What made you want to study cuisine?
Cuisine has always been a big part of my life; my mother was a chef and is now an artisanal cheesemaker, my father produced olive oil and my stepfather owns and operates a mussel farm as well as a seafood distribution business. However, it was only after a few years of working in Finance that I realised a burning passion was calling me from the inside... So I decided to take a risk and head to Paris in search of answers.
What is your favourite memory from your adventure at Le Cordon Bleu Institute in Paris?
My Favourite memory at Le Cordon Bleu would be the ateliers that we did for Superior Cuisine. Working close with the Chefs had always been a magnificent experience but to have the opportunity to design dishes, develop your own personality and have a detailed review and guidance from top Chefs during this experience was amazing.
Could you tell us briefly about your career path?
I made the mistake of designing my career path too early in my previous career of Finance. All I can say right now is that in order to find and develop my own cuisine identity, I need to travel and learn. The next 5 or so years are going to take me around in the world in search of this experience. After this point, I will have to find the best way to express my identity.
Where are you doing your internship now? Could you tell us more about this?
I am currently doing my internship at Guy Savoy in Paris, a 3 Michelin star restaurant. I have only completed a week of the internship but due to staff turnover, I have been given responsibility for mise en place and service for the hot entrée section. It has been an extremely difficult but extremely rewarding experience. The work is hard and the quality expectations are huge but everyone in the kitchen is a close team and we all suffer and learn together. There is no better feeling than finishing a service and knowing that you were at the top of your game and that you are making progress.
Could you describe your new life in Paris?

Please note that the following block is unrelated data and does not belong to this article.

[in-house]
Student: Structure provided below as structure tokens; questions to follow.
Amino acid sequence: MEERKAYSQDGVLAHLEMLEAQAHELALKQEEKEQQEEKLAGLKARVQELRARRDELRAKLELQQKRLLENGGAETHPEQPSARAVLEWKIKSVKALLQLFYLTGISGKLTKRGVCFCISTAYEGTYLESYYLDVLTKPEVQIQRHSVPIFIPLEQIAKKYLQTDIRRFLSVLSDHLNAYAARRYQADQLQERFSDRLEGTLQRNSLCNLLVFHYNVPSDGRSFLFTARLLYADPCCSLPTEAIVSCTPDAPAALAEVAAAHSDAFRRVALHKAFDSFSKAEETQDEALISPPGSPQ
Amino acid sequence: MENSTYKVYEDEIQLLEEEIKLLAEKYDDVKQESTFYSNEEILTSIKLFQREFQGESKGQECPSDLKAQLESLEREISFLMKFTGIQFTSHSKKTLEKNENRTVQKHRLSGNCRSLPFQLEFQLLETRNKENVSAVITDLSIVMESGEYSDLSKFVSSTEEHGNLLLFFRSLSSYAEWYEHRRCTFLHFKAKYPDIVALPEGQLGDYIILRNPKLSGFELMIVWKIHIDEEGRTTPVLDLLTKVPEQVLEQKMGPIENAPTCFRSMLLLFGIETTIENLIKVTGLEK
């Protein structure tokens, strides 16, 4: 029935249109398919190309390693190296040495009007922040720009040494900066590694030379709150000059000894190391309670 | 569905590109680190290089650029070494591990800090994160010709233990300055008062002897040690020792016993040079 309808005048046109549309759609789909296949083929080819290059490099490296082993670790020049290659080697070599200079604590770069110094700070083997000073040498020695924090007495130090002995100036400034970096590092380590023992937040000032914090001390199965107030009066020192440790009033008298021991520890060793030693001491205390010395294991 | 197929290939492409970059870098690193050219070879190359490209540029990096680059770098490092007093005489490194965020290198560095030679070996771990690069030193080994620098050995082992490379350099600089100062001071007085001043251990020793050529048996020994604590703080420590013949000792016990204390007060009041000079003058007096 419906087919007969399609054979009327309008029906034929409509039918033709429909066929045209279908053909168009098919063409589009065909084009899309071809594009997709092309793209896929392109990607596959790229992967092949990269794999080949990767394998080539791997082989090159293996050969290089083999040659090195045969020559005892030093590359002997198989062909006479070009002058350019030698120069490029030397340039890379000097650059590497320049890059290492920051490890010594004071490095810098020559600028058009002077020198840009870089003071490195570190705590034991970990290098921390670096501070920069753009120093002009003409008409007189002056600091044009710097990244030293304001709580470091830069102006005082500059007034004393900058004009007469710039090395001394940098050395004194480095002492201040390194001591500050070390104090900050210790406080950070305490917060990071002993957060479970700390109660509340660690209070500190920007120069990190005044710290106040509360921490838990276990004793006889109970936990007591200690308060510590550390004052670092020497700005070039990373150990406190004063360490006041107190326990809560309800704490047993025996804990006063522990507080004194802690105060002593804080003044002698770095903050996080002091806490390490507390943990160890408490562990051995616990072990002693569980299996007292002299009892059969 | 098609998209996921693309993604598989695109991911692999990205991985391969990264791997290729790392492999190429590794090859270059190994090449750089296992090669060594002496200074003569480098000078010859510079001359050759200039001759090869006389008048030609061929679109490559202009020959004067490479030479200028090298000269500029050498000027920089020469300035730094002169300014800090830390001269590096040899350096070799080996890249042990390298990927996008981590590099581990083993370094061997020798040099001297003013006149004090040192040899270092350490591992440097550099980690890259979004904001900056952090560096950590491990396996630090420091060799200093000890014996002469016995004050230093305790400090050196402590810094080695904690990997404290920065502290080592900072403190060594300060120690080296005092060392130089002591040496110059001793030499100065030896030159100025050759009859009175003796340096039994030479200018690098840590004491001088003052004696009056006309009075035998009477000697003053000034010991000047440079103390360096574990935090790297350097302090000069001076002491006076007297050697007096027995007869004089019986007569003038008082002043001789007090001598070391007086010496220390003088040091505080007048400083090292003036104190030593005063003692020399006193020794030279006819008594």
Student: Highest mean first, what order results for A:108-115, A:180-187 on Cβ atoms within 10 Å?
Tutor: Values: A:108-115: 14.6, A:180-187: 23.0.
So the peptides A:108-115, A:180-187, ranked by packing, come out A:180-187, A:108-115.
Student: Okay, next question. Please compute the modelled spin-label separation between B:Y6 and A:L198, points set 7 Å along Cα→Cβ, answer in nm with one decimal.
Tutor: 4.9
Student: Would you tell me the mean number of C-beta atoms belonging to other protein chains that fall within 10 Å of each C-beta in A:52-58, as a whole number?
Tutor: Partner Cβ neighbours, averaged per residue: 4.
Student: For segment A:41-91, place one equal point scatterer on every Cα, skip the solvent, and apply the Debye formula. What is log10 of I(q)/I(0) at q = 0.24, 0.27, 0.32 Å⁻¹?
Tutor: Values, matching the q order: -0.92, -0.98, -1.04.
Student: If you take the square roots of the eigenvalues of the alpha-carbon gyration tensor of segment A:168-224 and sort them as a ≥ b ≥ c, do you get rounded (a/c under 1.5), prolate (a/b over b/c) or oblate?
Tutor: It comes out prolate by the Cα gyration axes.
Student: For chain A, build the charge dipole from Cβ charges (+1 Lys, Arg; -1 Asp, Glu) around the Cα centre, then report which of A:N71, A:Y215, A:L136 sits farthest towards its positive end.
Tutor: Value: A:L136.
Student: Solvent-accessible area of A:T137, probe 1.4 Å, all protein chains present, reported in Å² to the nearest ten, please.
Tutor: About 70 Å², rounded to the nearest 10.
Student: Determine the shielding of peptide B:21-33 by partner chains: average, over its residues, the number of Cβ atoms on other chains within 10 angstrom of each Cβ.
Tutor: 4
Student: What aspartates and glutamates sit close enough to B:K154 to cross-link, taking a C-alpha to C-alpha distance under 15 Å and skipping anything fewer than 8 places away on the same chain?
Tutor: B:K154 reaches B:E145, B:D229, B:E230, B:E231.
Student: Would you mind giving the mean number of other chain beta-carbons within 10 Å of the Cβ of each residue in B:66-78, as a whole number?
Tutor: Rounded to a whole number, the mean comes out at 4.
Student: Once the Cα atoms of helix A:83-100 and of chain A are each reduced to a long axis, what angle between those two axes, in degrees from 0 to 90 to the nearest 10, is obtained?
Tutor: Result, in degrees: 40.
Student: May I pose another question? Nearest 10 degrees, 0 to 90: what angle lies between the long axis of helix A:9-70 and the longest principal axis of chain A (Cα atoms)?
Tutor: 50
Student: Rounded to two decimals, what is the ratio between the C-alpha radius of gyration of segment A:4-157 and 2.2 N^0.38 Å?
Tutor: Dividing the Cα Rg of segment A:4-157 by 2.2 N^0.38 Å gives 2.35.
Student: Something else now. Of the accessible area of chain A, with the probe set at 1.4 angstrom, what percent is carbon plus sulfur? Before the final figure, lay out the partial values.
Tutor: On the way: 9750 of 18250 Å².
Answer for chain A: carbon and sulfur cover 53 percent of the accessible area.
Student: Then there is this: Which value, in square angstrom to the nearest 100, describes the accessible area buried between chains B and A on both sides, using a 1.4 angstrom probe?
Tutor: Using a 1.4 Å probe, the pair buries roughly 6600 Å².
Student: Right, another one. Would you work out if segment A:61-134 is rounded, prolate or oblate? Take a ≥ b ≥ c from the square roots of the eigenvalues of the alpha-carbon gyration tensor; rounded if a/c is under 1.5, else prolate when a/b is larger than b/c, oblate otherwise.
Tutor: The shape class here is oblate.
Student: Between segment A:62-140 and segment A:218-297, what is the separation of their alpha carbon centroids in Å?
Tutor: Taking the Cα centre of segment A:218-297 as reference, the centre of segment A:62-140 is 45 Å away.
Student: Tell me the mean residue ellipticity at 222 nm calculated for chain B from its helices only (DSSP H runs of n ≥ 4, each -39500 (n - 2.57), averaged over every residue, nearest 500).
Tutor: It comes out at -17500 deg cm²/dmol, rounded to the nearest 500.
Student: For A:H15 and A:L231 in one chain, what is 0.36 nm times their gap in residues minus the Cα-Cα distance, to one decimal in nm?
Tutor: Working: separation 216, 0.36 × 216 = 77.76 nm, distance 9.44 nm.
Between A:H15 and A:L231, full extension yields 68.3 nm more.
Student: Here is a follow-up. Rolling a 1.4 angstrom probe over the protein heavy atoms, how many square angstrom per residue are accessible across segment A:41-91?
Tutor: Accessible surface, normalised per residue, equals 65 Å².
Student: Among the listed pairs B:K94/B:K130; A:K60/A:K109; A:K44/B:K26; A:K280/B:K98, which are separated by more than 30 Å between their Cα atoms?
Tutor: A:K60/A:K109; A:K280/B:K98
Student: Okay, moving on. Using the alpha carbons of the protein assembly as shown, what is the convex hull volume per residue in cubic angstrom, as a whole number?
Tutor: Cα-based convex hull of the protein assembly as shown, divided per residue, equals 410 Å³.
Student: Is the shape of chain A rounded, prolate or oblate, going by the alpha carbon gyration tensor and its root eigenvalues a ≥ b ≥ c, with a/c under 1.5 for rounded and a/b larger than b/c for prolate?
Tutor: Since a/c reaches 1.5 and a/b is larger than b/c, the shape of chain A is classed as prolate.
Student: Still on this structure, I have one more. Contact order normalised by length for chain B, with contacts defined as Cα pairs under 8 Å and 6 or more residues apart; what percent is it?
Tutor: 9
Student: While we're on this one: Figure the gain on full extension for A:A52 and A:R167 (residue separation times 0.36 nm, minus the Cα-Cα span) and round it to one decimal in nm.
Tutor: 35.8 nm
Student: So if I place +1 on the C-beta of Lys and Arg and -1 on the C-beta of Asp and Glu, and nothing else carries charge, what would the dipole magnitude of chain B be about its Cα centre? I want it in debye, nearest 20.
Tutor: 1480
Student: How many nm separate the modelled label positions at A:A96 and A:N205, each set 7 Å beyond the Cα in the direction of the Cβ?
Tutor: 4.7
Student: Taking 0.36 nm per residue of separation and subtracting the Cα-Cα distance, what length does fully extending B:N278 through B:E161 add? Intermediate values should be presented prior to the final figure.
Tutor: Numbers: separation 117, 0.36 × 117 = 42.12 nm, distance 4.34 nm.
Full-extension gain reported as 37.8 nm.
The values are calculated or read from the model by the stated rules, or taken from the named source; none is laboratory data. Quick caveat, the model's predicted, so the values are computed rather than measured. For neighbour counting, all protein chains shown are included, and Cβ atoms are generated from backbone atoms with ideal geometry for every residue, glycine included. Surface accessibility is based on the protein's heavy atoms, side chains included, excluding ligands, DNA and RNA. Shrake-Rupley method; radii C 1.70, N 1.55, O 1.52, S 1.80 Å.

Well it has been one year so far and it has gone beautifully. Paris has its quirks and people say that it is difficult to meet people, but I have not found that. It is important to make a proper attempt to learn the language and to experience local areas of the city. Keeping yourself stuck in any one neighborhood for too long will give you a polarized view of what life in Paris is like. I live in the 20th arrondissement, a young, immigrant heavy, artsy and local area of Paris. I have found it much easier to find local friends than other friends of mine who have lived in more one dimensional touristy areas of the city.
The thing I love the most here is simple... Specialty products. I go to 5 different stores to do my grocery shopping because each one has their own amazing products. Extend that to my local market, and I could end up going on a fantasy journey of shopping every day.
What advice would you give to future cuisiniers students?
Look at the bigger picture – Throughout cuisine, you will do a lot of tedious tasks and learn a lot of very specific information. My advice would be to open your mind to understand where this information or these tedious tasks fit into the bigger picture. For example, if you are given a tedious task such as cleaning mushrooms or turning artichokes, make sure that you ask and understand how the restaurant will use these ingredients, what will the final product be, how does my job impact this final product. Interpreting this information with an open mind will help motivate you and will also ensure that you are learning about the overall process rather than just focusing on your task and nothing else.
What are your plans for the future?
First thing is first – finish the stage and hopefully develop a good reputation within the restaurant. At this point I am not so sure... If I was given the chance to extend my stay at Guy Savoy, I would find it hard to turn down. However, in the next 1-2 years I expect to be re-locating to Berlin or to Tokyo in search of the next chapter in my development.